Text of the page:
As more details become available concerning the molecular network responsible for cAMP oscillations in *Dictyostelium* (e.g., [101,102]), modelling efforts increase in their corresponding complexity (see, e.g., [103,104], which are typical of this transition towards a more "systems biology" approach). In terms of the local *Dictyostelium* response to the cAMP gradient, progress is still being made in the understanding of the small-scale decisions underlying pattern formation [105]. Another evolving avenue of interest is *Dictyostelium*’s contribution to understanding the origins of multicellularity [106,107]; such efforts are spurred on by the sequencing of *Dictyostelium discoideum*’s genome [108]. These recent examples illustrate the continually increasing, vast amount of research that has been done over more than four decades into many aspects of the *Dictyostelium* life cycle. In particular, several findings of the last few years have added new ideas to the view that in the case of *Dictyostelium*, biological variability is responsible for certain stages of symmetry breaking in the usual course of the developmental cycle (local pattern initiation, spatial distribution of cell streams, and distribution and proportions of differentiated cell types).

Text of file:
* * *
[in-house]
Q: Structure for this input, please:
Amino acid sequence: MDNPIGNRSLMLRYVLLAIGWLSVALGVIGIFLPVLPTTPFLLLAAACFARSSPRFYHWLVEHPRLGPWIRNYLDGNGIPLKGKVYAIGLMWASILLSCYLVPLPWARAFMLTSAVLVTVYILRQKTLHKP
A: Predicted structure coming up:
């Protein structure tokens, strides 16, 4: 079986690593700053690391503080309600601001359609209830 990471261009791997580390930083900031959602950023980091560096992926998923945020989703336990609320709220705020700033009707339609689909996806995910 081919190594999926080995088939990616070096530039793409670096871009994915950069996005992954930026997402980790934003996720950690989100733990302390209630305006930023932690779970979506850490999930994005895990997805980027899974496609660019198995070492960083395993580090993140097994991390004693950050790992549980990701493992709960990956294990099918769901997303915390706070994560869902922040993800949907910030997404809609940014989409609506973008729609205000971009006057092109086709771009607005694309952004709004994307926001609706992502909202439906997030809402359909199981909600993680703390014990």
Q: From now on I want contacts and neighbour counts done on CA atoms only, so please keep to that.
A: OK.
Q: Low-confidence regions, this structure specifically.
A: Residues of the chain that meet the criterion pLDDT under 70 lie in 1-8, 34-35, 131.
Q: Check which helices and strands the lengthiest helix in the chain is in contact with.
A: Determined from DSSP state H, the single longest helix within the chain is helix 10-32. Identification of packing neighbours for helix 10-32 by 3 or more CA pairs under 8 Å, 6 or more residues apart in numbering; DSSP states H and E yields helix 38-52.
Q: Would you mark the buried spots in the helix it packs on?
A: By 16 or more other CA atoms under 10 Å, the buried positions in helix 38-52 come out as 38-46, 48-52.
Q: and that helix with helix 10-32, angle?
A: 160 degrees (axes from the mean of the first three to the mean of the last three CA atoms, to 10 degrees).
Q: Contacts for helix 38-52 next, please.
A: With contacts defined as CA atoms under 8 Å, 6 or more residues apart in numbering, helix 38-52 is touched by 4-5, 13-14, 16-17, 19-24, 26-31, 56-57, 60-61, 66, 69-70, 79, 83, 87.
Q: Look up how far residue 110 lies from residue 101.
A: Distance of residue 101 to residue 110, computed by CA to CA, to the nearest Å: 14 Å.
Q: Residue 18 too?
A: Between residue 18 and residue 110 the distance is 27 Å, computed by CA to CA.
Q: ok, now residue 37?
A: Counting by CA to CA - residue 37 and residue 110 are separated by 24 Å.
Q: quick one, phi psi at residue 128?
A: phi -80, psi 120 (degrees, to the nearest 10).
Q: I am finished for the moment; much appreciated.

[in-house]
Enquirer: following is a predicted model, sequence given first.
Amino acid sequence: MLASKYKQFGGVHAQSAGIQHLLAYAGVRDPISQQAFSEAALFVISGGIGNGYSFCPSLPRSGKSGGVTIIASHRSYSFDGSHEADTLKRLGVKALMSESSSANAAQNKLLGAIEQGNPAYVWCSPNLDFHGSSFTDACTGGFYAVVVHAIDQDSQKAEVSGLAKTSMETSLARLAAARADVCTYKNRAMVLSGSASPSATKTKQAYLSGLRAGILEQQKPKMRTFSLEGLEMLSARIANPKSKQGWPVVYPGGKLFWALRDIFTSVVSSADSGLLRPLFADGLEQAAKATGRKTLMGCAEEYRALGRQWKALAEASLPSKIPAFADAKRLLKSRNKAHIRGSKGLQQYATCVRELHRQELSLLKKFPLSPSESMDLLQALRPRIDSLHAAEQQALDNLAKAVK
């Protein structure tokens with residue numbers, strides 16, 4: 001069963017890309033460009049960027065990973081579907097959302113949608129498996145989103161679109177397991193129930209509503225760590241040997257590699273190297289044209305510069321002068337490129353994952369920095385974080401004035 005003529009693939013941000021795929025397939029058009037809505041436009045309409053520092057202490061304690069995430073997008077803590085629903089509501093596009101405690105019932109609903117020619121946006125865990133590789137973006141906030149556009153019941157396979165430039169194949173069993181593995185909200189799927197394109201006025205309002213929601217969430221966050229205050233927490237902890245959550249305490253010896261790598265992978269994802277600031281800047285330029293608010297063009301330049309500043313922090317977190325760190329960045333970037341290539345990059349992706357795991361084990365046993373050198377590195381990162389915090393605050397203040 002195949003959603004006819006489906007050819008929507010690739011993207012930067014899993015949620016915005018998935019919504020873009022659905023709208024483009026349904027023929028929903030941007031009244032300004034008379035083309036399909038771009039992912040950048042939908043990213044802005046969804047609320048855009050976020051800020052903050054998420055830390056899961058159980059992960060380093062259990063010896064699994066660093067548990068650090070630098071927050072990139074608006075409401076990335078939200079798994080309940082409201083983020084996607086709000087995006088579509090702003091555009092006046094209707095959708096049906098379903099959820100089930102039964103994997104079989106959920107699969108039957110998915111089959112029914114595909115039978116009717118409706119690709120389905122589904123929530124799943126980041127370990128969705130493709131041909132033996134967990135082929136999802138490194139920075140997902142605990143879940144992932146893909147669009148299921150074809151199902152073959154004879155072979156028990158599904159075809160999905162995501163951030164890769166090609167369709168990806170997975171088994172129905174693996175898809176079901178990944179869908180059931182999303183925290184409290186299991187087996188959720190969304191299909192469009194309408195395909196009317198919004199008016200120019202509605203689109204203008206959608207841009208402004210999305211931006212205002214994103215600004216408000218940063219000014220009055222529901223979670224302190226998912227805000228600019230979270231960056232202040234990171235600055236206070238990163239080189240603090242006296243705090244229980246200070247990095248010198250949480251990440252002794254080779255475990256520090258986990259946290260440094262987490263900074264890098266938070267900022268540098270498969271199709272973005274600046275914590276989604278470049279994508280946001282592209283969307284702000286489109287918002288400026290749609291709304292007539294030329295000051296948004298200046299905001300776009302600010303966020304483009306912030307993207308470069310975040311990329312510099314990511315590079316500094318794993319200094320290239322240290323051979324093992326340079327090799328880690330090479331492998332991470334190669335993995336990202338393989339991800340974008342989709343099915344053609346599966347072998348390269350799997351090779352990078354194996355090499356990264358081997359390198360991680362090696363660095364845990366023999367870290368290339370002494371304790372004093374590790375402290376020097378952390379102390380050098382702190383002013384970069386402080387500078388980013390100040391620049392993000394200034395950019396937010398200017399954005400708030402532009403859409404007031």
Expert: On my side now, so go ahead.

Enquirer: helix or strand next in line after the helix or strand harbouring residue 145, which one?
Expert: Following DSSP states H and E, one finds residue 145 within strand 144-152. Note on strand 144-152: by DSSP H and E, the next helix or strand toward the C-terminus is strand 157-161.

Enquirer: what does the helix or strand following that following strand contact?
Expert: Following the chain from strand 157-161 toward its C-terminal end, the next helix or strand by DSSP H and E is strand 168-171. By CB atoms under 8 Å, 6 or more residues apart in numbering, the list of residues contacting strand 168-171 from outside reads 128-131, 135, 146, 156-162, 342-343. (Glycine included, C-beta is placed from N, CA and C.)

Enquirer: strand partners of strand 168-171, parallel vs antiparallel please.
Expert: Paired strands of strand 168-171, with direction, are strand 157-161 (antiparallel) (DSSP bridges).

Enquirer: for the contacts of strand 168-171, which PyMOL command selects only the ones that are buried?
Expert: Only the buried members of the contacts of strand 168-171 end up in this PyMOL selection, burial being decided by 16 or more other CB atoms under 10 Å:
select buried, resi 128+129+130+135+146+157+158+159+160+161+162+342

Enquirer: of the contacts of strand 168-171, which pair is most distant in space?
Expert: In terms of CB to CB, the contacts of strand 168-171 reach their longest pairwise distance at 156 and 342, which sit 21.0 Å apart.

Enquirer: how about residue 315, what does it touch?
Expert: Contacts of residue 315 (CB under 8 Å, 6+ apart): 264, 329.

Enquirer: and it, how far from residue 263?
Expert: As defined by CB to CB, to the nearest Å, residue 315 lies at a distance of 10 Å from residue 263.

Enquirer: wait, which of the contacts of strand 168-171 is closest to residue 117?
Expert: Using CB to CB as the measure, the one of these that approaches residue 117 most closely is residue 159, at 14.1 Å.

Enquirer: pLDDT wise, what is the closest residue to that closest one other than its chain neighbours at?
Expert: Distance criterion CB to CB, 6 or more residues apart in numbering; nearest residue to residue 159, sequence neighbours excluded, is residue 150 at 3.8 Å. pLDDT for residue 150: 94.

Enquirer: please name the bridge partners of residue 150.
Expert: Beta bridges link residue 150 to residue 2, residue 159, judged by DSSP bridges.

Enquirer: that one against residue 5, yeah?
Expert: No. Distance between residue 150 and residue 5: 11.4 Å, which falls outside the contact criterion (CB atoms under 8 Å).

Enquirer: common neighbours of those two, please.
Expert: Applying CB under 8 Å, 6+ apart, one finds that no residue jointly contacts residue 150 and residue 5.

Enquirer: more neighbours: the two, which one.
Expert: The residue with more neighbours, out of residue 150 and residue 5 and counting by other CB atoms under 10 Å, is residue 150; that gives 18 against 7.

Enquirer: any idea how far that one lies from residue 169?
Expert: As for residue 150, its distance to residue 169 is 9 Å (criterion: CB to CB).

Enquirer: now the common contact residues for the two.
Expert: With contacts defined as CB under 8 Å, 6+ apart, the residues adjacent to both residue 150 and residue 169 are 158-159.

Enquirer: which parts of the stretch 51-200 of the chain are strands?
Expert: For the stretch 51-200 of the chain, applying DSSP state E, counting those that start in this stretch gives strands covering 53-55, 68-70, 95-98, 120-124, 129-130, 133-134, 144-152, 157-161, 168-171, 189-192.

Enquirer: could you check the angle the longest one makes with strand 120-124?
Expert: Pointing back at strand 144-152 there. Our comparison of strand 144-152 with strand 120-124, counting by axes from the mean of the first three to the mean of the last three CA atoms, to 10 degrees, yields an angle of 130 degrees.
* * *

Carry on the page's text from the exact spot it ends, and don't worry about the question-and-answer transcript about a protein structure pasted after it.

In the work by the authors of [33], the strength of a regulatory feedback loop is related to the spatial density of spiral wave patterns in cell colonies of *Dictyostelium*. By studying mutants in key components of the regulatory feedback loop, the authors systematically varied this intrinsic parameter and observed how the spatiotemporal patterns changed accordingly. In order to display the systematics of their finding more clearly, the authors of [33] simulate patterns using a simple cellular-automaton based model, in which the feedback strength (i.e., the cAMP pulse-dependent increase in excitability) appears as an explicit parameter. Their observable is the spatial frequency of spiral waves, which they obtain by counting the phase singularities in their spatiotemporal patterns. Remarkably, the intermediate feedback strength found in wild-type cells turns out to produce an optimal (i.e., minimal) number of phase singularities compared to higher and lower feedback strength mutants, respectively. In the extreme case, in which feedback is constantly absent, no stable spiral wave pattern evolves. This observation has two implications. Firstly, aggregation territory size is optimized by the pulse-dependent development of feedback strength. For the wild type, this allows for optimally sized basins of attraction for the consecutive aggregation process of the cells leading to the multicellular organism capable of spore generation and thus completing the developmental cycle of *Dictyostelium*. Secondly, wave geometry is determined by feedback strength. Spiral waves seem to be favored by the system compared to target waves, although both wave geometries result in fruiting bodies for the experimental system. The biological advantage of spiral-based signaling is that spirals are self-sustaining continuous structures, which preserve their stability, to a certain extent outside the excitable regime. This allows for maintenance of the aggregation process under developmentally and environmentally conditioned changes. In contrast, target waves require the periodic activity of oscillatory regions (i.e. pacemakers).